Russian stocks, as measured by the MOEX Russia Index, turned positive for the year on Tuesday of this week after plunging 30 percent due to the pandemic. This puts them slightly behind the S&P 500, but did you know that, despite the drama surrounding the annexation of Crimea and volatile oil prices, stocks trading on the Moscow Exchange have beaten U.S. equities for the five-year period? Even when priced in U.S. dollars, the MOEX is up 100 percent, compared to the S&P, up 74 percent as of August 4.
This resilience helps support the idea of wisdom of crowds and the power of contrarian thinking. Think of all the bad press Russian stocks have had to overcome during the past few years, from international sanctions to U.S. election meddling. The MOEX slipped to a four-year low in March 2014 after the U.S. slapped Russia with fresh sanctions for violating Ukrainian sovereignty, after which it followed a mostly upward trajectory until the pandemic put the brakes on the rally.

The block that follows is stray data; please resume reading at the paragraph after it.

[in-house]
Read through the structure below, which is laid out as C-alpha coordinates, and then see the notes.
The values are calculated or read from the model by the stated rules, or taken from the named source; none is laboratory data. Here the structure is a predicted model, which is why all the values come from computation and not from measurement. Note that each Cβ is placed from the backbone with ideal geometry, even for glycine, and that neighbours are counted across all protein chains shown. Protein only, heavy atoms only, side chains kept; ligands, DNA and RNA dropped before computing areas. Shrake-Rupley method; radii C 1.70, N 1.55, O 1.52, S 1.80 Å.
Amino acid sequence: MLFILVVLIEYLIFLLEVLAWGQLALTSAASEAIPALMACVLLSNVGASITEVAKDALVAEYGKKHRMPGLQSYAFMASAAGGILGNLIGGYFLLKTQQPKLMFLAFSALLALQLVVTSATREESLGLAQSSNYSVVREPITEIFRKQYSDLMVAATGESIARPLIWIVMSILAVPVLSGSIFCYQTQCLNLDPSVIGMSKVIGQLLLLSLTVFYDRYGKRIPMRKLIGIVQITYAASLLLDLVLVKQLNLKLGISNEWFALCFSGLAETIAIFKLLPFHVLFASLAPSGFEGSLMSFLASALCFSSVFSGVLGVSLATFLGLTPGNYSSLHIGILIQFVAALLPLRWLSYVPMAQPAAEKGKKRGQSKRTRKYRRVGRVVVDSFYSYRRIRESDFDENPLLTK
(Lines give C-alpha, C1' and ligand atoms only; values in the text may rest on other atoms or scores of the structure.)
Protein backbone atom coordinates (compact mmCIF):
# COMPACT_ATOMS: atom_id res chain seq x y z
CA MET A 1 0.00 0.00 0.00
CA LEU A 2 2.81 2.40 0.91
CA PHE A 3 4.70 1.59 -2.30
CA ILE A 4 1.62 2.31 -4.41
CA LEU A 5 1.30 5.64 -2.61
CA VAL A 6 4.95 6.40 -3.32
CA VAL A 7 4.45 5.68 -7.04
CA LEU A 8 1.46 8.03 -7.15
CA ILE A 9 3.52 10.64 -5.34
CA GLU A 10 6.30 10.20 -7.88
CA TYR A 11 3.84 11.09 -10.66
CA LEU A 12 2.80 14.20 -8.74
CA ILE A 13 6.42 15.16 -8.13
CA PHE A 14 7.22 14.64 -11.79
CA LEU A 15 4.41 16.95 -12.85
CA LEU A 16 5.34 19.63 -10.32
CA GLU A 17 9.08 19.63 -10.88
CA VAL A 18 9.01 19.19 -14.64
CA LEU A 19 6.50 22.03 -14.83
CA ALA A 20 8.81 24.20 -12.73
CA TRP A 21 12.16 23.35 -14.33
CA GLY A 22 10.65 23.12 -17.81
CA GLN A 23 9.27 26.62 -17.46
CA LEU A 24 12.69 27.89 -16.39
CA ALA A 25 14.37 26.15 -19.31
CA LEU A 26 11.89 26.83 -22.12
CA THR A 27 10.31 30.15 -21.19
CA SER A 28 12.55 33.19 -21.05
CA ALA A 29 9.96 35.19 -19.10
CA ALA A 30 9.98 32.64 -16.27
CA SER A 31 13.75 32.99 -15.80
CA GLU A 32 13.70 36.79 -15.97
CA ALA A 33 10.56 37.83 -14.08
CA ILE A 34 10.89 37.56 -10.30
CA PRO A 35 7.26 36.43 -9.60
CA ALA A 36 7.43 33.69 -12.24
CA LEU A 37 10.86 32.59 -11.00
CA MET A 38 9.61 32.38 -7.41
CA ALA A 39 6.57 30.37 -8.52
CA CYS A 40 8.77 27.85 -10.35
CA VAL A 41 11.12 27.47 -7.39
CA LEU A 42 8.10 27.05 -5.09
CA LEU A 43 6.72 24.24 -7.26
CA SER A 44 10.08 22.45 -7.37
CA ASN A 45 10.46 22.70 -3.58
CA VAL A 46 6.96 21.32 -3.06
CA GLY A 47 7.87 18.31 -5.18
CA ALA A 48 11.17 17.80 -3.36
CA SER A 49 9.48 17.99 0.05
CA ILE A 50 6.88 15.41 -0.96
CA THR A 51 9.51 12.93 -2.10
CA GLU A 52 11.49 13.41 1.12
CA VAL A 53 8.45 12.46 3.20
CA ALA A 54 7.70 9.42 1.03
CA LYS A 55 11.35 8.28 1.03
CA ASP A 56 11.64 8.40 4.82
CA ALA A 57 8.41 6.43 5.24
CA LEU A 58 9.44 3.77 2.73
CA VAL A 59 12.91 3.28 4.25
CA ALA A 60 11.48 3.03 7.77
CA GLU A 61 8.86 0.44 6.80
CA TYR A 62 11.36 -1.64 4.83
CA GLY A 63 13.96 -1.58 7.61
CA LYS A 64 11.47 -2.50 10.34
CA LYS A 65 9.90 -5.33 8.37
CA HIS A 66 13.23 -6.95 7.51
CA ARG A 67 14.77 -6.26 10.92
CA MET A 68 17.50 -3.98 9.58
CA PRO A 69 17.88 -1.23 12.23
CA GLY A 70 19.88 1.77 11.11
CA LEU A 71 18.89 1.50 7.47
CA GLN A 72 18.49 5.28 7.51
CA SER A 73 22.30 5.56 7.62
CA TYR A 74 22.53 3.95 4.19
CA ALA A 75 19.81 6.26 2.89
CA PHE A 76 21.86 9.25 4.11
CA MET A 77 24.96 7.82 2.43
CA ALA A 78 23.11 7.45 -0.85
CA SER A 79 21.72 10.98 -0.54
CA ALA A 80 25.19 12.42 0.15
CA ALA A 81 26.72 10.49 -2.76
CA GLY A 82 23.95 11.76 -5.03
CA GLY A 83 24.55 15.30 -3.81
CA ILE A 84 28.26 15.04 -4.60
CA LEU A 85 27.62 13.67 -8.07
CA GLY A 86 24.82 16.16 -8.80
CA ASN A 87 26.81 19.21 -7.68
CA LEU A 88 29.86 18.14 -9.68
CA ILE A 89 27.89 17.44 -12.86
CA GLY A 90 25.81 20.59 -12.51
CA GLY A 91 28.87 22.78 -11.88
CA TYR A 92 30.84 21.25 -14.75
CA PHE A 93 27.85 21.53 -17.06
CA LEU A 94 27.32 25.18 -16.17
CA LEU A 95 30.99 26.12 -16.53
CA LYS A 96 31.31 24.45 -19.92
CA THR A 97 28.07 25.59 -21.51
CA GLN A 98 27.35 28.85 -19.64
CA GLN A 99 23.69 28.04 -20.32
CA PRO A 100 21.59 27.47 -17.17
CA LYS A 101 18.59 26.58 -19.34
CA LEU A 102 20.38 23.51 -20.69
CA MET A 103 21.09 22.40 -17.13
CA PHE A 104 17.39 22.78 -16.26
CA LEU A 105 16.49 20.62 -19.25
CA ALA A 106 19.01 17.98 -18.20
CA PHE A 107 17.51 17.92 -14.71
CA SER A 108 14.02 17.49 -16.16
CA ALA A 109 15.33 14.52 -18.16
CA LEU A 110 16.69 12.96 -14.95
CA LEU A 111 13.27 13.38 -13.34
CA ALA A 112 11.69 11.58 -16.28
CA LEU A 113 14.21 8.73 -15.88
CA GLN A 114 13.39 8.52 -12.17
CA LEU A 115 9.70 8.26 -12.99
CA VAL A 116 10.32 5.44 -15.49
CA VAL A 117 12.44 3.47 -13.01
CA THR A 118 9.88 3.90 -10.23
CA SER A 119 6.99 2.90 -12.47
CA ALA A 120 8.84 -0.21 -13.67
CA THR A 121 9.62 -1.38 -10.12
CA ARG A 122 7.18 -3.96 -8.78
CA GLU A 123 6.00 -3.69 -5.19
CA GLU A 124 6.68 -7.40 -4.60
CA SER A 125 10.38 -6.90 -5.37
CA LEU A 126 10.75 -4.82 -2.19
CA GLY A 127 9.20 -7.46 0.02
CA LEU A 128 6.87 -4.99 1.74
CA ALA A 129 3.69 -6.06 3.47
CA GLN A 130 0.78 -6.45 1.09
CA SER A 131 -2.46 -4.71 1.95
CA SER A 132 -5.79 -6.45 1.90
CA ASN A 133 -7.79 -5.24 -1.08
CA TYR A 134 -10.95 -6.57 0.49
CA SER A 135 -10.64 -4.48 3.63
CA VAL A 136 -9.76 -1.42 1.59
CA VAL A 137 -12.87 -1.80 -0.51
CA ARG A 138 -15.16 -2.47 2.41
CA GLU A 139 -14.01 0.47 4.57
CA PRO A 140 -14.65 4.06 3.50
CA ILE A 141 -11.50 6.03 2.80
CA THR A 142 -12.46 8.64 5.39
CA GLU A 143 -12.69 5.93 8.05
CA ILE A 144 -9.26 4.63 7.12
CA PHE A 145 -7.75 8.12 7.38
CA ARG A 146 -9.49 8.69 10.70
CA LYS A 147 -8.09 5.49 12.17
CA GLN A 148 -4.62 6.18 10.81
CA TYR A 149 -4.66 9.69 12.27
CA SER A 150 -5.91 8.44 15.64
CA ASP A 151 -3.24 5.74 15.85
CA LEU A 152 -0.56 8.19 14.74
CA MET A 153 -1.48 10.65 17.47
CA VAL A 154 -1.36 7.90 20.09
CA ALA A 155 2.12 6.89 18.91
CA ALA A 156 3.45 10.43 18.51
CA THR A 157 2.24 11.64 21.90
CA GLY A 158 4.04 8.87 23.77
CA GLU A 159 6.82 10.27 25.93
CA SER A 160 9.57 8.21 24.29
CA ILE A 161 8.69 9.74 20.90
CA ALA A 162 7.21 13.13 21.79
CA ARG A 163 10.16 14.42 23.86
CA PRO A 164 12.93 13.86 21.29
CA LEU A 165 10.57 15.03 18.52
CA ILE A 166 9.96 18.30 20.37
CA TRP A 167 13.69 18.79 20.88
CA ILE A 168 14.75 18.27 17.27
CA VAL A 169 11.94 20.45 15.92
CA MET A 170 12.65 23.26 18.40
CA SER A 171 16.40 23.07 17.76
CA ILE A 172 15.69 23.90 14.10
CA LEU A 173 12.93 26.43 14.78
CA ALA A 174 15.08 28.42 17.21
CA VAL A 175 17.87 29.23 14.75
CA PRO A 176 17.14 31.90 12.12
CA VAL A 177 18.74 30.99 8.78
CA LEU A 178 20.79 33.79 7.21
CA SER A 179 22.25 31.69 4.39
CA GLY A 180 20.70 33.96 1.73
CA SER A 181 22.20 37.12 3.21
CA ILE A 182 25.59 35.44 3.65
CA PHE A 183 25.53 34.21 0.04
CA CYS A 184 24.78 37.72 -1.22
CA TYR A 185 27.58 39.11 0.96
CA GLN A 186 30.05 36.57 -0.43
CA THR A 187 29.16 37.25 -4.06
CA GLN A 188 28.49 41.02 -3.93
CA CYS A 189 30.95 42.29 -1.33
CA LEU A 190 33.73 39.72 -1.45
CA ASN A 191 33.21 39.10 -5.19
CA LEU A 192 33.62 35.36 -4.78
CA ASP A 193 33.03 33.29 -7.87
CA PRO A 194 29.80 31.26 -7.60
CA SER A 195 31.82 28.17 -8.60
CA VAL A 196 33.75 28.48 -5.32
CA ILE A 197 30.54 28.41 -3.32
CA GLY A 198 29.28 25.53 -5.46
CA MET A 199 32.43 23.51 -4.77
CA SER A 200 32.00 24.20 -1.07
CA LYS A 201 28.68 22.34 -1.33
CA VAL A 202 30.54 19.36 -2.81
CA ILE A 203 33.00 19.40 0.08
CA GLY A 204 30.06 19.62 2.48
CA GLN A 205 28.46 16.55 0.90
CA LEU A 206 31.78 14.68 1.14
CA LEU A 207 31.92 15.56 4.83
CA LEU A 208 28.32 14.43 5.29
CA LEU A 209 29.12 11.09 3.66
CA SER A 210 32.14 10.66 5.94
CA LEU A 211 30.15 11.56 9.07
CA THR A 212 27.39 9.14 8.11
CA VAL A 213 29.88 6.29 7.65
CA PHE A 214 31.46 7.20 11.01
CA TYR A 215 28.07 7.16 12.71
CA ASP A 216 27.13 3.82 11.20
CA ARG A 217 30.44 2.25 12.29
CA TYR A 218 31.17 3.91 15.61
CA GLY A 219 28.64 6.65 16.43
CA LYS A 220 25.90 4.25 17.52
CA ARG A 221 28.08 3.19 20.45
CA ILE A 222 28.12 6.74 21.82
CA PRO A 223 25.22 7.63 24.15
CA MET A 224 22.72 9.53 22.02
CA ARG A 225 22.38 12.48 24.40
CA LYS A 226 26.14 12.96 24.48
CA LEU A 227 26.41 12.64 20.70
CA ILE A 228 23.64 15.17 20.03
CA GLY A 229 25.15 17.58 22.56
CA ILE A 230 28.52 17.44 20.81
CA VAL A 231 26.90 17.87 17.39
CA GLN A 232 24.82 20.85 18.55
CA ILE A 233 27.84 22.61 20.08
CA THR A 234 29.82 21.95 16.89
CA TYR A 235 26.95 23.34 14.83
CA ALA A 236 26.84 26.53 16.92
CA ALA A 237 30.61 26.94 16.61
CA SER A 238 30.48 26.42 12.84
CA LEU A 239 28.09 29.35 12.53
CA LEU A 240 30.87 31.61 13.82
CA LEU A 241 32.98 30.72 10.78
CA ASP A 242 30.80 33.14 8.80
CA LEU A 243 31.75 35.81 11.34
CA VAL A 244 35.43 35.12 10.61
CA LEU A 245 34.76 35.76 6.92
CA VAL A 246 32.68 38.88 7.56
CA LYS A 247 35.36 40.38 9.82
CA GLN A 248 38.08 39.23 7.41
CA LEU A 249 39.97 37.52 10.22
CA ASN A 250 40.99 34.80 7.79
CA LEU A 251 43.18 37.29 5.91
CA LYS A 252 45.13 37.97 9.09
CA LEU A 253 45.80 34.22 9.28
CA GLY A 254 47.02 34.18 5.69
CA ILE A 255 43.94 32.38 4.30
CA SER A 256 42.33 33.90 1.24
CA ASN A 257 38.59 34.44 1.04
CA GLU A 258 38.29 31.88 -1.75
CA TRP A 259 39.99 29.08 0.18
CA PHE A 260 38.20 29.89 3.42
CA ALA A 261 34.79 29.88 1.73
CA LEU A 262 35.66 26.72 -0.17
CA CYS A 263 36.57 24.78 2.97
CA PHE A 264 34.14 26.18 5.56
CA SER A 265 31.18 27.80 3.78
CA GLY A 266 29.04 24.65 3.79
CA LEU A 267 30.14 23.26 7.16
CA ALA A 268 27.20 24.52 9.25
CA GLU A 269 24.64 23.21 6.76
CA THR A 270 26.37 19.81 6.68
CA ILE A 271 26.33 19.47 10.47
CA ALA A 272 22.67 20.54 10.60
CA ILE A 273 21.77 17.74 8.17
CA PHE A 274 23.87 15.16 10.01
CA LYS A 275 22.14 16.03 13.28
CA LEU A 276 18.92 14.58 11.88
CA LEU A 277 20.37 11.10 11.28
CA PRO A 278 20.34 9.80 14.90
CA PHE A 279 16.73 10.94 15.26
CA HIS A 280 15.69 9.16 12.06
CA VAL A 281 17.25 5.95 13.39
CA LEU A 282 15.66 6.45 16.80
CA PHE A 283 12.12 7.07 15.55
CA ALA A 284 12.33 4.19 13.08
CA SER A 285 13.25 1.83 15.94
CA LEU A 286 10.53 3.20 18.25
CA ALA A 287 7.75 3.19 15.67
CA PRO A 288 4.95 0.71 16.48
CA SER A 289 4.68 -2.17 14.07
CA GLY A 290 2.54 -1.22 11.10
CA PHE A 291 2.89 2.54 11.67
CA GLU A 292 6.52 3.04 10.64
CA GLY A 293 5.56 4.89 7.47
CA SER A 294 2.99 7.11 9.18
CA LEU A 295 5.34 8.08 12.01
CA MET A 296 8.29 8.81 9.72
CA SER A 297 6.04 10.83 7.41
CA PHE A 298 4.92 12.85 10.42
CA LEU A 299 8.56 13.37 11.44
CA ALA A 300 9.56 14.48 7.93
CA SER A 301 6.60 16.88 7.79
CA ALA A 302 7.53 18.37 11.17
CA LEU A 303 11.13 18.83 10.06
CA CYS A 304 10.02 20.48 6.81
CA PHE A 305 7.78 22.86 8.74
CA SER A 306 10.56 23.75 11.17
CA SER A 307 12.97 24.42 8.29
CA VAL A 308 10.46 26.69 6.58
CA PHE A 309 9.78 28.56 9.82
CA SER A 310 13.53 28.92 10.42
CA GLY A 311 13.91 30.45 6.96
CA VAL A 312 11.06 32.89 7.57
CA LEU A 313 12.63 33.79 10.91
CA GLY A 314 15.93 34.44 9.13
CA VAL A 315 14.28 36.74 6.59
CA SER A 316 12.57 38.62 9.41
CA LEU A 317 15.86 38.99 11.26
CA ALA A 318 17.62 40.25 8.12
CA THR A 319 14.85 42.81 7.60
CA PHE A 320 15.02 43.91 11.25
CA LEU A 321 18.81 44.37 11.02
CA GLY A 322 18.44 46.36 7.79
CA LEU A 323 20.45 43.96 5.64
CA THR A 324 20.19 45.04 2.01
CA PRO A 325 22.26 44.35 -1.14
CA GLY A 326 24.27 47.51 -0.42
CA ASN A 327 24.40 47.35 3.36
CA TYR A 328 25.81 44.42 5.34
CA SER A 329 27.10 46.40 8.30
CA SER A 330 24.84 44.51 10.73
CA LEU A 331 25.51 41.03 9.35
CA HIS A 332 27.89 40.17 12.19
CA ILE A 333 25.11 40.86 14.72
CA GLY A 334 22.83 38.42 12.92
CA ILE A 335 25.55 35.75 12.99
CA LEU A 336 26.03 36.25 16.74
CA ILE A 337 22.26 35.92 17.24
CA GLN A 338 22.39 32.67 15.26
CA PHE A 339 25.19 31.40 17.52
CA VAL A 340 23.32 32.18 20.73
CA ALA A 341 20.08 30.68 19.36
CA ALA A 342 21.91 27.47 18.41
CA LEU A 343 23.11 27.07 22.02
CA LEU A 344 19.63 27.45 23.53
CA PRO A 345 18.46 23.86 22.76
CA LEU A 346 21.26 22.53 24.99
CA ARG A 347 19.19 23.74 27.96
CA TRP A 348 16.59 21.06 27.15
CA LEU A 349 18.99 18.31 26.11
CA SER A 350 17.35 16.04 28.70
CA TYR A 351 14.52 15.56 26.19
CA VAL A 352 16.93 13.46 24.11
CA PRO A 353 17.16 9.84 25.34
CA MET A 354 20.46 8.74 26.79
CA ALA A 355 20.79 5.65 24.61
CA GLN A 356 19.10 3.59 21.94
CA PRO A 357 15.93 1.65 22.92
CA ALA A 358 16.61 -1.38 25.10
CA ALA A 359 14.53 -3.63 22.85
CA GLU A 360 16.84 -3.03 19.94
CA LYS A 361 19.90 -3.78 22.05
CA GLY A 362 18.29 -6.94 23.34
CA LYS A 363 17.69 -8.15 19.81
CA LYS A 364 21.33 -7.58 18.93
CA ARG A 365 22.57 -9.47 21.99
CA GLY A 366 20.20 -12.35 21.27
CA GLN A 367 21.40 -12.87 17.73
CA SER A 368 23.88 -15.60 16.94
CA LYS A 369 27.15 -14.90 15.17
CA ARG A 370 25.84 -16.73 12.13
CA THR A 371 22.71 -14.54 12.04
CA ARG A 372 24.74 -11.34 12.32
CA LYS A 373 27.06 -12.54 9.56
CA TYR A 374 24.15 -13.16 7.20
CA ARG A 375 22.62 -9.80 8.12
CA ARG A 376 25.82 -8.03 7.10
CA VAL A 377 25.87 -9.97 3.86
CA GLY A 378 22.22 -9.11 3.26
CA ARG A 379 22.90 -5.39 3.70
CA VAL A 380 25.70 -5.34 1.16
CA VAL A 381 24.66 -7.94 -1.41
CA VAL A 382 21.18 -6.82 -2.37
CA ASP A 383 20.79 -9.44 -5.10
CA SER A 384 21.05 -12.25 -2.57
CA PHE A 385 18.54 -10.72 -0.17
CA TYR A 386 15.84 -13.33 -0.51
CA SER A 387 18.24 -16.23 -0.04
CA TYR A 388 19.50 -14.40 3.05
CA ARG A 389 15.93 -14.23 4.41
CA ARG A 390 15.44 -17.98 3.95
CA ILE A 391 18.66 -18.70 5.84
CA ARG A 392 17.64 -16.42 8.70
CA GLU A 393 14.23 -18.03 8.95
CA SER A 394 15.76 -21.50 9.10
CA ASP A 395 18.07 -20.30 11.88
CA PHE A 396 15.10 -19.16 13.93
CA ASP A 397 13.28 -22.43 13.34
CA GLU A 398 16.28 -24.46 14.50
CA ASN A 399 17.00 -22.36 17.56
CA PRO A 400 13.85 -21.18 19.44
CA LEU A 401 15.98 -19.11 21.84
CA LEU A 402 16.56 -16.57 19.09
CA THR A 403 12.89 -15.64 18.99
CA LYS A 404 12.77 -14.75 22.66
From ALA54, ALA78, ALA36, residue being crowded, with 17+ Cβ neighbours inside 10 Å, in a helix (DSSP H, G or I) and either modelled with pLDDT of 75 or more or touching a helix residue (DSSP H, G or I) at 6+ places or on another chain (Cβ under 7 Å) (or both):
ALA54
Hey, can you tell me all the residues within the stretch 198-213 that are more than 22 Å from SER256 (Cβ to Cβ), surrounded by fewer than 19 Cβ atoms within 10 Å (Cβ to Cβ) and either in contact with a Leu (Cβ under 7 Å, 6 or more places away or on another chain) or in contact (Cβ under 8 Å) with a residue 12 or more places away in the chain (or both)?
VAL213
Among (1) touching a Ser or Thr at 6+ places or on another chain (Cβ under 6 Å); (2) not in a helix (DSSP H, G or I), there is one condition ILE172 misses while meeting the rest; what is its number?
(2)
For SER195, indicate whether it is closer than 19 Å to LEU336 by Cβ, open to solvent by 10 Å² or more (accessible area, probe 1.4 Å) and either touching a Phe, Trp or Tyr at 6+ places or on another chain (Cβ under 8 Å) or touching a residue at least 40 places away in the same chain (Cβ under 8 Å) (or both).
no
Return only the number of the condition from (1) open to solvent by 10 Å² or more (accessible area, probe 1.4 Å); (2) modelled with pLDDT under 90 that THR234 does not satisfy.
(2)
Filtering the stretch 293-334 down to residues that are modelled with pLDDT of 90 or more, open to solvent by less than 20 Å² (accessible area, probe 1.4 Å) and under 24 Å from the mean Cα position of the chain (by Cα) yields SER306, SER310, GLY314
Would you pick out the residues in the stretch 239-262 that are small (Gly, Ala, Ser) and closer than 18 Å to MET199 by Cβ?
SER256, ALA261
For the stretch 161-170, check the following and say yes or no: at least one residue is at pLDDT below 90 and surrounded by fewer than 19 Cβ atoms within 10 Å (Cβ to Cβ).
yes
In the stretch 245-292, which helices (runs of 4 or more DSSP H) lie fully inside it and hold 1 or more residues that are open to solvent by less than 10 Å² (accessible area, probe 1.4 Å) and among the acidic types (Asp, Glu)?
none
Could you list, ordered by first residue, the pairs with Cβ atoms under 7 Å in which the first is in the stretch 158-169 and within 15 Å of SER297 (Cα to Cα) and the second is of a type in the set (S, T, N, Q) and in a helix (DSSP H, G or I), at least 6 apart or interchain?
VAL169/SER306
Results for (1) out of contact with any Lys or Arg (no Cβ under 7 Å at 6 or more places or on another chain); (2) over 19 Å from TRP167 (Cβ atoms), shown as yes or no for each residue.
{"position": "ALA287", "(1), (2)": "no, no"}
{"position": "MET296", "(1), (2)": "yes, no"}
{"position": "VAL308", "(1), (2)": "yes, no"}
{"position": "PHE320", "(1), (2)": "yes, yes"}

As former President Bill Clinton once said, “Follow the trendline, not the headline.”
I’m reminded me of a Harvard Business School case study on U.S. health care stocks, which rallied in the early 2010s despite all the negative press and attack ads aimed at Obamacare following its passage in March 2010. According to one estimate, between 2010 and April 2014, the amount of money spent on negative Obamacare TV ads was 15 times greater than positive Obamacare ads—$418 million versus $27 million. Despite this, health care stocks more than doubled over the next five years, while Louisville-based Humana increased a whopping 370 percent.
Good investors know how to spot the opportunities, even when (especially when?) the headlines are telling them there are none. Those who snub Russian stocks for that very reason could be leaving money on the table.